3. It would fill a need we had -- namely, a good working computer



The cons of the laptop:

1. We would have to put it on a credit card.
2. Laptops are harder to get fixed except by professionals
3. It was a limited-quantity item, which would mean getting to Staples at around 4 a.m.
4. It ran Vista and we weren't sure if there was an option for Windows 2000 to be installed instead.


The pros of the desktop:

1. Much faster and nicer than our current hardware.
2. Easier to fix than a laptop
3. Was available all day online
4. Came with an LCD monitor and a printer we could sell to off-set cost.


The cons of the desktop:

1. We'd still have to put it on the card
2. It cost more than the laptop, and we couldn't be sure the monitor & printer would sell
3. It also ran Vista and there was no way to request Windows 2000.



The pros of buying a new hard drive:

1. Much cheaper solution than the other two.
2. Would still get us a much better computer.
3. We could install Windows 2000 on it.


The cons of buying a new hard drive:

1. Still spending money
2. We were visiting the in-laws, so there was no way to know what would be compatible with our current hardware.


In order to compare more easily, I drew out a table because, yes, I am that nerdy. I made a category for cost (to buy or fix), the chance of getting Windows 2000, speed/memory space, and a few other points, such as potential resale value of the monitor and printer with the desktop.


In the end, I decided to risk waiting. I simply couldn't justify putting more money on the card without seeing if the computer could be saved. Also, with the economy in the shape it is, I figured there will be plenty of sales to take advantage of, if we do have to replace our desktop.


But until I sat down and compared, line-by-line the pros and cons of each scenario, I was unable to form a decision. Once they were written down, the choice was relatively clear. (I say relatively because it was very tempting to just get the desktop. So it was hard to not rationalize buying it.)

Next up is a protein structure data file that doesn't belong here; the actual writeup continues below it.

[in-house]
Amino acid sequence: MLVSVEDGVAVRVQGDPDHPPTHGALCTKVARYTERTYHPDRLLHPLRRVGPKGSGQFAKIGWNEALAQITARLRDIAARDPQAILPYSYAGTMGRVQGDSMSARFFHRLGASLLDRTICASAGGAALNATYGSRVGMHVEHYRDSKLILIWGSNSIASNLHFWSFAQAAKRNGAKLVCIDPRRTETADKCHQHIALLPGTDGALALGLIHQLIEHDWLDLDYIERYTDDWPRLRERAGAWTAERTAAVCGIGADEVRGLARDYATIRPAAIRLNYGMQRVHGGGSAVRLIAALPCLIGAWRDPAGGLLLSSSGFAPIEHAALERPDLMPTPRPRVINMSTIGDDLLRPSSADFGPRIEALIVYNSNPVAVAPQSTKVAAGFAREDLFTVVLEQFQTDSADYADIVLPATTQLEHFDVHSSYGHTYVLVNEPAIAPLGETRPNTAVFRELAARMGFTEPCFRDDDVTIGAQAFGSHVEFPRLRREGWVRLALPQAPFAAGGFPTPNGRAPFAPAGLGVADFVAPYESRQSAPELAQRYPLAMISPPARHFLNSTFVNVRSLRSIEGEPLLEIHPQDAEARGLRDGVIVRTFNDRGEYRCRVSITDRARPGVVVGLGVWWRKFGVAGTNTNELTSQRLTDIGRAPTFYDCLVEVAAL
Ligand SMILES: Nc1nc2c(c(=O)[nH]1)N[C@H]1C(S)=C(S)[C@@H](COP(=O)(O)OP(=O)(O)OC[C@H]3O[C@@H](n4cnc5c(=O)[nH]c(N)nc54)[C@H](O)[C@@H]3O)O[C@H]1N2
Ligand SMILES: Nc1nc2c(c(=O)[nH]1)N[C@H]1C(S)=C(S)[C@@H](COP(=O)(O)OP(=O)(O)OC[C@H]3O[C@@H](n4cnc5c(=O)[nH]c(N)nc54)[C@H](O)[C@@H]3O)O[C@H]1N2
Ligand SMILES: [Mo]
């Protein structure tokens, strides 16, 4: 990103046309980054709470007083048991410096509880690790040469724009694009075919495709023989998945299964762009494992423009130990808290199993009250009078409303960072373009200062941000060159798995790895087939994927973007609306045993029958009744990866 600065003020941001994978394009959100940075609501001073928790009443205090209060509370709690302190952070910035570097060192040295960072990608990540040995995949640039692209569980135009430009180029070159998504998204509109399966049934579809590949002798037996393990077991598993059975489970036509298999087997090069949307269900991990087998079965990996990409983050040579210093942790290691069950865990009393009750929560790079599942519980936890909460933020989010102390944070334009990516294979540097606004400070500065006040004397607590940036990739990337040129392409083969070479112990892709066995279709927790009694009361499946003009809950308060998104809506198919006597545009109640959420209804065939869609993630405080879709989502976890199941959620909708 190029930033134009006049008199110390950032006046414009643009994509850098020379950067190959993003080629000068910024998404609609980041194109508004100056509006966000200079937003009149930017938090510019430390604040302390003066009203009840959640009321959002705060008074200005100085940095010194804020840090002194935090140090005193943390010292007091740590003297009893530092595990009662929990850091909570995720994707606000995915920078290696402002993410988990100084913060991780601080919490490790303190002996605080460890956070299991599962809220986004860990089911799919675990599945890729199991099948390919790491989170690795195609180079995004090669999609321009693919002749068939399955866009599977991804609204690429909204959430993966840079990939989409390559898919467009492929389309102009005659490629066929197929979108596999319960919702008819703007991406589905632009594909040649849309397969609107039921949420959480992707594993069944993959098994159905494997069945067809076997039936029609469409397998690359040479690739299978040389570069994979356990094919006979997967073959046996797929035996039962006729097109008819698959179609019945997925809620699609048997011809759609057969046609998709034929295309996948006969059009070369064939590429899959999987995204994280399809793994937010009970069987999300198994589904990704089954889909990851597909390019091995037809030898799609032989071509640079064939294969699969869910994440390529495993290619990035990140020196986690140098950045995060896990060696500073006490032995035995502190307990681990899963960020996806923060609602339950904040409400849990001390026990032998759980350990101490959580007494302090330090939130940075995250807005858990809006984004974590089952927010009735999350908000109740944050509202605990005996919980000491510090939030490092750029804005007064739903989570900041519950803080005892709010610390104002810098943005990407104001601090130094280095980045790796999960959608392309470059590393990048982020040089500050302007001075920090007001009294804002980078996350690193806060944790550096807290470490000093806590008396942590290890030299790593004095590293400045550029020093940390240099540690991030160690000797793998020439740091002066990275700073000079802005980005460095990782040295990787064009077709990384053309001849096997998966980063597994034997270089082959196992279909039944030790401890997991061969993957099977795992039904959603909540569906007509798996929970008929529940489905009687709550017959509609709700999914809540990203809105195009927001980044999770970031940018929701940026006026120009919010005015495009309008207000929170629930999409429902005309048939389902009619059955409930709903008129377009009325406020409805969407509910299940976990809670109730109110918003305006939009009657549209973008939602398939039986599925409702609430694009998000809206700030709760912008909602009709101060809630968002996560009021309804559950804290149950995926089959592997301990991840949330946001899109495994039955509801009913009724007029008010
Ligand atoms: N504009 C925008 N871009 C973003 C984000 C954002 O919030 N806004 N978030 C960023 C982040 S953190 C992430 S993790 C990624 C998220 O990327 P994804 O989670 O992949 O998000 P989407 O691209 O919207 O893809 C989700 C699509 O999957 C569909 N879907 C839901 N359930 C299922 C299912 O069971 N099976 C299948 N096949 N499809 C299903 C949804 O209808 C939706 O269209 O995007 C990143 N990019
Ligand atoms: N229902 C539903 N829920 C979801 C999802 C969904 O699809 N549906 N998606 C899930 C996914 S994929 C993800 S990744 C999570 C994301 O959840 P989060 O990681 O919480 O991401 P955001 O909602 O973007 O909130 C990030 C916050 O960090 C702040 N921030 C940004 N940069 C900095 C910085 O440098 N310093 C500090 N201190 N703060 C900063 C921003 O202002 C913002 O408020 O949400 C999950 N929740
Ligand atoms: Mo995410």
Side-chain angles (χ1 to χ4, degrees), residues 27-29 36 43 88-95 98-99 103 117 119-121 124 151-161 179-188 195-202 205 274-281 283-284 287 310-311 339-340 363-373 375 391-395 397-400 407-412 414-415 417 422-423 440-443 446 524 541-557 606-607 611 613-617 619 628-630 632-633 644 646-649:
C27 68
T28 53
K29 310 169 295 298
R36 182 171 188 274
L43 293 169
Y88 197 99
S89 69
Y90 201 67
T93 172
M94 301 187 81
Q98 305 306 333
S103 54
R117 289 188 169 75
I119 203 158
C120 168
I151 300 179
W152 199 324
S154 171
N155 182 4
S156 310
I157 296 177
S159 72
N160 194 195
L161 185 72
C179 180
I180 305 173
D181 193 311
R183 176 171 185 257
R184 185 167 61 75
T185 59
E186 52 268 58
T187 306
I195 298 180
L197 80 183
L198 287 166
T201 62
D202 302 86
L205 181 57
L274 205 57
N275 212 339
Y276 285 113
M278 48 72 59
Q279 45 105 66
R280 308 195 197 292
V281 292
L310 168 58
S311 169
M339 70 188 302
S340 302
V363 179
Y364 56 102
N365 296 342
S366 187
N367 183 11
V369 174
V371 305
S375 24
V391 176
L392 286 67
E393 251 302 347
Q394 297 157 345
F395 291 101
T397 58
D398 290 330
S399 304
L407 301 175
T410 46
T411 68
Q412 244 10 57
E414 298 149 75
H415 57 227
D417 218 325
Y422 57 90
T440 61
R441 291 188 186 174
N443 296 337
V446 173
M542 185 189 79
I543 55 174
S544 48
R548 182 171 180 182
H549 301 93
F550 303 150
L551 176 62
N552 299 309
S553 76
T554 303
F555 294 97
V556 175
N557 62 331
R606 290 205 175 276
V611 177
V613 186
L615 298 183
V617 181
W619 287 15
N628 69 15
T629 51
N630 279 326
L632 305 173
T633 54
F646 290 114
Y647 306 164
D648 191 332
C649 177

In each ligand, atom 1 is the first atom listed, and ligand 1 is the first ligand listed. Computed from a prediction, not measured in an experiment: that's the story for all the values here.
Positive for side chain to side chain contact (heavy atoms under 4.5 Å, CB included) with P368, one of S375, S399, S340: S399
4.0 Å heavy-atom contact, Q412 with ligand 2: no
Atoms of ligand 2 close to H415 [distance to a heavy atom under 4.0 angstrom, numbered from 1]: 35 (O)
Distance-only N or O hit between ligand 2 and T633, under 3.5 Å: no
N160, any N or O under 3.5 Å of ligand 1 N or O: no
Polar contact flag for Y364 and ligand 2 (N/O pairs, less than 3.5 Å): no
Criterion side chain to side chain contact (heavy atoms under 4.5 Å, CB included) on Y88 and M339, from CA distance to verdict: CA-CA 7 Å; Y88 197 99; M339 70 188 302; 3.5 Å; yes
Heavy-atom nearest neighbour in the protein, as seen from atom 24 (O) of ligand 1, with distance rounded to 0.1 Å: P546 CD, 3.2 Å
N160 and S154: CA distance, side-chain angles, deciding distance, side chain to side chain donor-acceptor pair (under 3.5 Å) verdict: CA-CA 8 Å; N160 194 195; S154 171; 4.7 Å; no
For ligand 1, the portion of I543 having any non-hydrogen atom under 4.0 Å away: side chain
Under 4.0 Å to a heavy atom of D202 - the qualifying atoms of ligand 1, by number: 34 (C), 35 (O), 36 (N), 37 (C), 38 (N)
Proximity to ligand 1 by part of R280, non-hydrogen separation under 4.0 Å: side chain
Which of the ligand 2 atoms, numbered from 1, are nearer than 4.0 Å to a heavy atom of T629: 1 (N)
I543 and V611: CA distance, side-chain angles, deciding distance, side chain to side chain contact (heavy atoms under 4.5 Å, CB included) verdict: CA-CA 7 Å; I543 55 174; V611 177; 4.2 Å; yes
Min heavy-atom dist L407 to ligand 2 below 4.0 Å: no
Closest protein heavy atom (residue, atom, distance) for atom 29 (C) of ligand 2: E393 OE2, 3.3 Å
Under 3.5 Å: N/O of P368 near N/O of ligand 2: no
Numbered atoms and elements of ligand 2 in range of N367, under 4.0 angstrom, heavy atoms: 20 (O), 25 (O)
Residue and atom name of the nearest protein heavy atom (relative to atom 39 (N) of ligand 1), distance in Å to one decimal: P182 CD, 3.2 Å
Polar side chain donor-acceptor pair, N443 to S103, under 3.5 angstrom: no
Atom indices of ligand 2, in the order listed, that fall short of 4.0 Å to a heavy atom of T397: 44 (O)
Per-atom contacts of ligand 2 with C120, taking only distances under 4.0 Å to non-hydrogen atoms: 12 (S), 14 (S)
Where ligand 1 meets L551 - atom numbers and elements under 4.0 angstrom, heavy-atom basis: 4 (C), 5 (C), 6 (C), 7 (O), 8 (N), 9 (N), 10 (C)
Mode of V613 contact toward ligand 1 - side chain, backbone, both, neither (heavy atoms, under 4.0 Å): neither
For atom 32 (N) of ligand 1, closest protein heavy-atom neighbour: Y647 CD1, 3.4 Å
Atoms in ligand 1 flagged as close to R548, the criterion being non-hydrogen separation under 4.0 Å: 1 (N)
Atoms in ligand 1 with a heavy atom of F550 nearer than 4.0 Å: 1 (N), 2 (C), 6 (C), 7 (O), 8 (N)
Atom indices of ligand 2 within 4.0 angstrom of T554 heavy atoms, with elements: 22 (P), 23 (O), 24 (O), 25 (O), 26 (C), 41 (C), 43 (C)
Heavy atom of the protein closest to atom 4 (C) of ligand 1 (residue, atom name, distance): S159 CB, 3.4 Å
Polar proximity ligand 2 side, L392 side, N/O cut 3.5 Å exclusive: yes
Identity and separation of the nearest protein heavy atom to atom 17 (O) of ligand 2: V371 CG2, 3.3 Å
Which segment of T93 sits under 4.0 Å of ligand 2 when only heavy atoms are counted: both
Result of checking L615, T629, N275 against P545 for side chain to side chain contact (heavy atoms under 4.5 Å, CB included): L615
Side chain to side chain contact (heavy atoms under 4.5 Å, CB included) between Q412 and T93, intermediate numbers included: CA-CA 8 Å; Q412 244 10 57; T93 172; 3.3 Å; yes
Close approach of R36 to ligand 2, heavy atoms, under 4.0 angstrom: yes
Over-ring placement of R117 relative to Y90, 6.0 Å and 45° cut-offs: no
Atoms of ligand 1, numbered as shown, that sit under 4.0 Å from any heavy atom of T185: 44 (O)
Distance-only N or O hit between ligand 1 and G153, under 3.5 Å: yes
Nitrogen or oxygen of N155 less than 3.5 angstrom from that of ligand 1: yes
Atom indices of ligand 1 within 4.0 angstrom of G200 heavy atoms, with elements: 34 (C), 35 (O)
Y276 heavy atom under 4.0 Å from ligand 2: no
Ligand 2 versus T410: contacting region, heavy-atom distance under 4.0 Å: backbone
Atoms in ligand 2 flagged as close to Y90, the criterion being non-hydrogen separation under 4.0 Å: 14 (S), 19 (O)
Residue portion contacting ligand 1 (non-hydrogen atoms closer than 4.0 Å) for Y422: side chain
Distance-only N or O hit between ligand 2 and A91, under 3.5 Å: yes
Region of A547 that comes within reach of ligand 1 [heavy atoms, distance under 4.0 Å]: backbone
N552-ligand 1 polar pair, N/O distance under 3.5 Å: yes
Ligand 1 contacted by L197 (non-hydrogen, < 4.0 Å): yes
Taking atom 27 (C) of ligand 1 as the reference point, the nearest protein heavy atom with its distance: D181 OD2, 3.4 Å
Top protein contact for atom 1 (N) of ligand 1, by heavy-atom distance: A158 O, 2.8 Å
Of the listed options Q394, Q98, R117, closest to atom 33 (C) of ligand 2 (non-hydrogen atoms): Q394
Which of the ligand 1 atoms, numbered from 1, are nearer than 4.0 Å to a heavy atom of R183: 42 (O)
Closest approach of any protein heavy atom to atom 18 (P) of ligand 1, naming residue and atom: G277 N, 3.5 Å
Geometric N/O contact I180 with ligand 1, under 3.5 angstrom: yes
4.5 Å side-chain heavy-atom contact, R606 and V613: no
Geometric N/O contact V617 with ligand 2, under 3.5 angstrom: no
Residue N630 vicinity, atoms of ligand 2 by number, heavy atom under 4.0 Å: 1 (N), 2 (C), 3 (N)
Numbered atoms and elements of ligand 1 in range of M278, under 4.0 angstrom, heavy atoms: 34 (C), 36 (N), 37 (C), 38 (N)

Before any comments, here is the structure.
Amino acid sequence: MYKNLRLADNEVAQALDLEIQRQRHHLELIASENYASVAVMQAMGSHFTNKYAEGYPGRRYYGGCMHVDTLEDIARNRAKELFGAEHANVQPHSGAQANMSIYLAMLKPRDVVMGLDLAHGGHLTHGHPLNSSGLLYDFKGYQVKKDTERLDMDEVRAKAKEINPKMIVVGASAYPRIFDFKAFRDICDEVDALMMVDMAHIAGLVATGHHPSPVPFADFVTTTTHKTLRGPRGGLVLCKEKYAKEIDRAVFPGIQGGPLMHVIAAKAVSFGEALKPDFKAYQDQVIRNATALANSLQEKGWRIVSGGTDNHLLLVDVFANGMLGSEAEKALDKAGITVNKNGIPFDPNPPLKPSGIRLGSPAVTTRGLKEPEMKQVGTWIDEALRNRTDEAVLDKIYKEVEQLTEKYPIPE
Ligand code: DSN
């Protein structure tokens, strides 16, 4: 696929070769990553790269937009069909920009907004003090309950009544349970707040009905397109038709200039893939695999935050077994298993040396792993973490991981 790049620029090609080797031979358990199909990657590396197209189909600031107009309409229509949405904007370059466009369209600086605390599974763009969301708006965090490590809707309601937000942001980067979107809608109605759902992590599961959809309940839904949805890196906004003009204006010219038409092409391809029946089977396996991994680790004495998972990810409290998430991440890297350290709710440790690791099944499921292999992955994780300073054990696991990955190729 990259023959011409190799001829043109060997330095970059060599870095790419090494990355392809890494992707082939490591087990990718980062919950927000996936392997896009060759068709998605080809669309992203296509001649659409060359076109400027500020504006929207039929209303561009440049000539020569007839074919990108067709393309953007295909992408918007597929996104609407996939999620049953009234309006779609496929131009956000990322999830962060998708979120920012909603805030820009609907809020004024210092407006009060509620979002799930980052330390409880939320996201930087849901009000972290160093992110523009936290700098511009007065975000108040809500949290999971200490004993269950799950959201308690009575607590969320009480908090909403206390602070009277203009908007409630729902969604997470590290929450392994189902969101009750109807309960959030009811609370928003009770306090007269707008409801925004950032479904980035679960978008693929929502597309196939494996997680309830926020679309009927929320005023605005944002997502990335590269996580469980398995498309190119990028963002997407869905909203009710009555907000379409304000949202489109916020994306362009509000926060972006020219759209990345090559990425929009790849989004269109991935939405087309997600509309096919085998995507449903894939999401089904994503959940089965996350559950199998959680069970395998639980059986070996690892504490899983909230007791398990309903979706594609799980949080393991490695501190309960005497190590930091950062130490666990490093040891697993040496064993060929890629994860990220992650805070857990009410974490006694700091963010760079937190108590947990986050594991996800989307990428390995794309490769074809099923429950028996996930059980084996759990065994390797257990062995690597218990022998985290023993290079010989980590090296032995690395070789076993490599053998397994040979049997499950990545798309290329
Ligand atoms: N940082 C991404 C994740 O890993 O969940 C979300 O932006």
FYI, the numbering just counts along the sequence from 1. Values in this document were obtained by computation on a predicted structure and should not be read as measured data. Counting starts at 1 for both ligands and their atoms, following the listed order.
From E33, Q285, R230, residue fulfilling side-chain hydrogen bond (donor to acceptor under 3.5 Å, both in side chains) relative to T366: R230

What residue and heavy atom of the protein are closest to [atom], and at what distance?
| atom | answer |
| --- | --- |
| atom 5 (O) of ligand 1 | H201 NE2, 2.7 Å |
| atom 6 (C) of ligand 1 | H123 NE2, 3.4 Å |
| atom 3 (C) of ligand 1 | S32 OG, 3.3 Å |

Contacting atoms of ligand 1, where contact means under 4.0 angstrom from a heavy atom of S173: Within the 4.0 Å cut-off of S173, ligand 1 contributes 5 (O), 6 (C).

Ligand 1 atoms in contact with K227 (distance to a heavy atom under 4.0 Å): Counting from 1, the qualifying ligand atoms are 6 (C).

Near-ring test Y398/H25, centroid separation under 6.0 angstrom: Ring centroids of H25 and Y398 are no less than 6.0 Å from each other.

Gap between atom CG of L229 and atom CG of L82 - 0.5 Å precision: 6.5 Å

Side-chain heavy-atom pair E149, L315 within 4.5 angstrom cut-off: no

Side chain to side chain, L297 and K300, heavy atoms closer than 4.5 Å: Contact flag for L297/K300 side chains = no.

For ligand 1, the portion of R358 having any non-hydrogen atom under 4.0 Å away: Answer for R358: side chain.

I hope this example helps you with future decisions. I know it's a little dry as subjects go, but it's an important one nonetheless.


In the end, I decided to wait and not put anything more on the cards. It took a few hours of staring at my table and comparing the different scenarios.


So that's it, folks. The veggies are done. So stop trying to feed them to the dog under the table. And I'll try to get some ice cream posts in soon!



******************************************************

If you need a nice palette-cleansing course, may I suggest checking out the Carnival Debt Reduction, which includes a piece of mine.

10 Comments:

Blogger The J said...

I kinda giggled at the opening paragraphs - my DH would be right with you. Me, I have a hard time dealing with having multiple options before me (and all the futures that attach to each of the options), I want to make decisions as quickly as I can responsibly do and get back to solid ground :P. There's some palpable tension in our house when there's a big decision coming up, I can tell you!

Glad a course of action became clear to you! Of course, I have to throw in the Mac option - got a used laptop for the price of a new bottom of the line PC laptop, and it's still going relatively strong (have to plug in an external monitor, because it was the first PowerBook design and the wire feeds through the hinges were stupid, but the computer part is great) - it was built in 2001.

January 12, 2009 at 4:56 AM

 
Blogger Abby said...

The J,

I'm glad you were able to find an affordable Mac. I'm always wary of buying used computers if I don't have to. But it's a personal preference, I suppose.

I definitely was having trouble with the multiple options, because the various pros and cons would ping-pong around in my head in no particular order! "Oh but the laptop is portable!" "Oh, but the desktop has a resellable monitor!" That's why I had to do the nerdy thing and just sit down and figure out what I was looking for in a computer and what extras each had and make a table accordingly. Then I could literally just go across and say: Cost? Ease of fixing? Windows 2000 possible?

I felt like the spreadsheet-geek that I am, but it worked. I think the nice thing about tables like that is then you *don't* have to hold all the futures (attached to each option) in your head at once. You can just say, "Okay, this one has the most of my priorities." But each person has to find his/her own way through the bog of options, I suppose.

Thanks for taking your daily dose of green veggies!

January 12, 2009 at 8:23 AM

 
Blogger Shevy said...

I had to make the computer decision when our condo was flooded in a sprinkler accident a couple of years ago (the folks upstairs knocked off a sprinkler head). The restoration people threw out the printer (which had water running out of it!) but for some bizarre reason thought the PC would be okay, even though it was sitting on the floor next to the printer.